Friday, 5 October 2018

Little Did I Know That The Sick Woman I was Taking Care of Was Actually My Boyfriend’s Wife.

Source: Silentbeads

I was in school doing nursing when I first met Elvis. I had come home from school and helping my mom sell her foodstuffs at the market when Elvis came around to buy. 
 
He bought yam and other foodstuffs and requested my mom to peel off the yam. My mom was busy so I did it for him and helped him carry it to his car. He was there again the next day and again asked my mom to peel off the yam. I ended up doing it and again helped him carry it to his car. 
He was coming around almost every day to buy from us so I gave him my number and asked him to call me when coming so I could prepare his stuff before he got there. 
That continued for a while until we begun chatting about things not related to foodstuffs. He said he wanted to know me. I told him about me and he did too. 
It was then he told me about how his only sister returned from the US with a severe stroke that rendered her paralyzed. He said, “She was doing very well in the USA before the sickness struck. When she was brought back, I decided to bring her to live with me so I could take good care of her.” 
 
“How thoughtful of you,” I said.
When our friendship blossomed, he invited me over to his house. That was when I got to know the extent of his sister’s sickness. She barely could walk so she supported herself in a wheelchair. The stroke somehow took her speech away. She could only murmur and gesture with the left hand which was also almost dead. 
I was struck with pity when I saw her. I drew closer to her and said hello. She tried responding but when she opened her mouth, she only murmured while saliva kept dripping off her mouth. Elvis took a towel close by and wiped off her lips. 
“So you’re the only one taking care of her?” I asked. He answered,  “No, not only me. There’s a nanny who helps out especially when I go to work.”
 
He then introduced me to the nanny As a friend. With a grin on his face, he continued, “She would be coming around a lot from now on.” 
We grew much closer to each other. He would usually pick me up on a weekend and we would go out with some of his friends and have fun. Finally, he proposed and I said yes. The following day I received a message from one of his friends, Uche, (the only married guy among his friends) He said, “Thanks for coming into Elvis’ life. I trust you’ll draw him closer to the altar very soon.”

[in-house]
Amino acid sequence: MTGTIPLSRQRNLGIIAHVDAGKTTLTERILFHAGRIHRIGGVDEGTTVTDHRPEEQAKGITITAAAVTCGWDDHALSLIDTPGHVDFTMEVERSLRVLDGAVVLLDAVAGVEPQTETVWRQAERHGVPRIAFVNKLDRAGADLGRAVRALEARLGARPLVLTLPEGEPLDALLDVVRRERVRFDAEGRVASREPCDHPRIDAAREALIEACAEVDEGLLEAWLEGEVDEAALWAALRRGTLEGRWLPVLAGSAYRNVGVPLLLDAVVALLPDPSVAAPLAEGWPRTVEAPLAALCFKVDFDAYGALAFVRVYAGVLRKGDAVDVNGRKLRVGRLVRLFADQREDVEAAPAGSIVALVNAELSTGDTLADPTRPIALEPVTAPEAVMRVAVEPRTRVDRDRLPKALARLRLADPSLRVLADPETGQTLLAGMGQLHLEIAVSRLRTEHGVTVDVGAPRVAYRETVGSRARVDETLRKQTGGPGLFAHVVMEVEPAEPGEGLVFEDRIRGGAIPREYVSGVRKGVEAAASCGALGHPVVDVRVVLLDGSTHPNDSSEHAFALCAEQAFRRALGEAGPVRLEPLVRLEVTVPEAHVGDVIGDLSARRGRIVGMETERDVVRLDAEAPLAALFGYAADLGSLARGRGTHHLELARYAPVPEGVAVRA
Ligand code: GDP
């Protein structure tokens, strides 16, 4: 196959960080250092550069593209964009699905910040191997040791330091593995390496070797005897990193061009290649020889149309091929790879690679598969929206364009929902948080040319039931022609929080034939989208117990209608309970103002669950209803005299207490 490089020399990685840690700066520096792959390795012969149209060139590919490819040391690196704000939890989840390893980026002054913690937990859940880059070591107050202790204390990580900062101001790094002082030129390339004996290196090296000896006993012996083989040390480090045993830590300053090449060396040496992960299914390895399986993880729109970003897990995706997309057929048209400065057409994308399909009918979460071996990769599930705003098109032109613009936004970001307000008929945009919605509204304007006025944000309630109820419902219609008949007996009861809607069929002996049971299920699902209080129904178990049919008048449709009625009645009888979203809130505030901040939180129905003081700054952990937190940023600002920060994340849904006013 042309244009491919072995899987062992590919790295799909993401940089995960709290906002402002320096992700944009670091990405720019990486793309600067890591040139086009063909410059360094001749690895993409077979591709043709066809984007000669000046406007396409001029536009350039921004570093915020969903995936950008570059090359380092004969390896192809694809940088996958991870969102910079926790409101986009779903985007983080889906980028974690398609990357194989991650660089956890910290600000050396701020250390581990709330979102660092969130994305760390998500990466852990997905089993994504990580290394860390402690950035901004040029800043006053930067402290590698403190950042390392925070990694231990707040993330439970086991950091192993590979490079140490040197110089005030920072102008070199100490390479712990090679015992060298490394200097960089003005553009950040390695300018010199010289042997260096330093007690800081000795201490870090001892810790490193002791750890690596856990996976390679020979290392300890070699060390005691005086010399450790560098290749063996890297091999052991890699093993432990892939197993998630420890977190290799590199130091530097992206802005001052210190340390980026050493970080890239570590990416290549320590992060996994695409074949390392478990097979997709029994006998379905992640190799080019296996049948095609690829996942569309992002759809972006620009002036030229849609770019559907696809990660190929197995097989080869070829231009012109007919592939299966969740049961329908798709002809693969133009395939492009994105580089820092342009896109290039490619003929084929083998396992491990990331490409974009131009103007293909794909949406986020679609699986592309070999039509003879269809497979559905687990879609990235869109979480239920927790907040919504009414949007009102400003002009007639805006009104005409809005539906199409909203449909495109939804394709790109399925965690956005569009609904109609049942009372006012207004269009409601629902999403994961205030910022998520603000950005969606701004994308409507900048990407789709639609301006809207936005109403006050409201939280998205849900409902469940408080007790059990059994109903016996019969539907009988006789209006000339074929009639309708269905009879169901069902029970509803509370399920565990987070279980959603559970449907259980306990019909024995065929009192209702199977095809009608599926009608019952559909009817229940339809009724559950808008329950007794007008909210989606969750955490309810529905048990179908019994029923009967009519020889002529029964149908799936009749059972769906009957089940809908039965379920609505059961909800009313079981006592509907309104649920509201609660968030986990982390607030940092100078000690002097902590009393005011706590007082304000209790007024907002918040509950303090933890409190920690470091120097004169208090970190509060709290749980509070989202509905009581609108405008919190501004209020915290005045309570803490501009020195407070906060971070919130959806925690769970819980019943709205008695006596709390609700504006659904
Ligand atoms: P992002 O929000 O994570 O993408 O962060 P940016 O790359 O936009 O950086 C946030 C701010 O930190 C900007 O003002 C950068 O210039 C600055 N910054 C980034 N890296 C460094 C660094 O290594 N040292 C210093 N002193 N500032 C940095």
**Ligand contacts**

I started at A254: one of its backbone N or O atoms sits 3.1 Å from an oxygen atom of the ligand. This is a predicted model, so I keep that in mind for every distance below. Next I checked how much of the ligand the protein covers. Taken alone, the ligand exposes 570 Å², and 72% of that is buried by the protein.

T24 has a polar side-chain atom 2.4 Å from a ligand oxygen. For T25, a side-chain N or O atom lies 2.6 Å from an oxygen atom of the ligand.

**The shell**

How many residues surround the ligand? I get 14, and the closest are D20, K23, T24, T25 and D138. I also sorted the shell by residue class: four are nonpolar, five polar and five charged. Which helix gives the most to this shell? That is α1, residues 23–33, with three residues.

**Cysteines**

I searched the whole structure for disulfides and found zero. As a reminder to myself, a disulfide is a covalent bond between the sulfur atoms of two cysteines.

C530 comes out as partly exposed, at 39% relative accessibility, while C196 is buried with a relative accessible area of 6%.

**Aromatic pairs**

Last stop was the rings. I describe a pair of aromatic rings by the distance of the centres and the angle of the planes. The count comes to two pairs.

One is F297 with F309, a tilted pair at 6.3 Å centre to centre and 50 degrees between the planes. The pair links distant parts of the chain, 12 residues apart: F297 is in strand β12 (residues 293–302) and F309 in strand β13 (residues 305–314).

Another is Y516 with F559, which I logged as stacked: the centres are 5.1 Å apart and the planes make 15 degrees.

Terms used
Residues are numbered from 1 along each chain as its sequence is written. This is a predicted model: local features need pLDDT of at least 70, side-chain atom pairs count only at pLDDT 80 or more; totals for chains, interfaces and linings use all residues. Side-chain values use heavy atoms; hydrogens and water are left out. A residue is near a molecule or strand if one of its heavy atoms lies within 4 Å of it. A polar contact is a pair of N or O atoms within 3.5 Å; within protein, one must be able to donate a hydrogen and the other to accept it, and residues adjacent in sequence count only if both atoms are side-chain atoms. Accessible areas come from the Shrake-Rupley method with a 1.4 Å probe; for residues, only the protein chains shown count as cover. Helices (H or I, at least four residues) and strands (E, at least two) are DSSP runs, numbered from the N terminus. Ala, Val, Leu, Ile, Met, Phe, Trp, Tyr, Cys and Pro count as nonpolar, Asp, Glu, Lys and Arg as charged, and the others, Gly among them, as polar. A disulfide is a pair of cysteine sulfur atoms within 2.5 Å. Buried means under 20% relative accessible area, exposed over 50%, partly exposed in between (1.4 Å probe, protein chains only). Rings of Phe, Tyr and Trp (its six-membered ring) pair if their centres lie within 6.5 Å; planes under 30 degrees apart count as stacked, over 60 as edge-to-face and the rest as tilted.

From then on, Uche and his wife became my confidants. 
 
Anytime I visited Elvis in his house, I made sure I spent a lot of time with his sister—I cooked for her, clean her up and usually spoon-fed her. She couldn’t talk but I tried all my best to make her comfortable around me. I wanted her to like me so I gave off my best. Even days that Elvis wasn’t around, I could go there, cook for her, clean her up and push her wheelchair outside for a stroll. 
Some days she smiled, other days she was indifferent. I loved helping her. I’m a nurse and helping the sick comes naturally to me. 
 
I noticed a sudden change in the demeanor of the sister after I’d spent a night in Elvis’ house. Early the next morning, I went to the sister’s room and tried to help her take her medication. I sensed some anger in her actions. She was trying to say something but the words were not coming out. She tried throwing me some gestures but that didn’t help since she’d lost the functions of her hands. But I could feel the anger in her demeanor. 
I asked the nanny if there was something wrong. She only shook her head. I asked Elvis and he told me not to bother. He said, “Sometimes she’s like that. She gets angry over nothing.” 
It continued for some days, she wouldn’t let me touch her and she wouldn’t let me help her with anything. Her demeanor changed anytime I was around. 
 
One afternoon, I went to see the nanny. I asked her, “Has Elvis’ sister ever treated you the way she’s treating me now?” She said no. I asked again, “Do you know of anything that will make her act the way she does towards me?”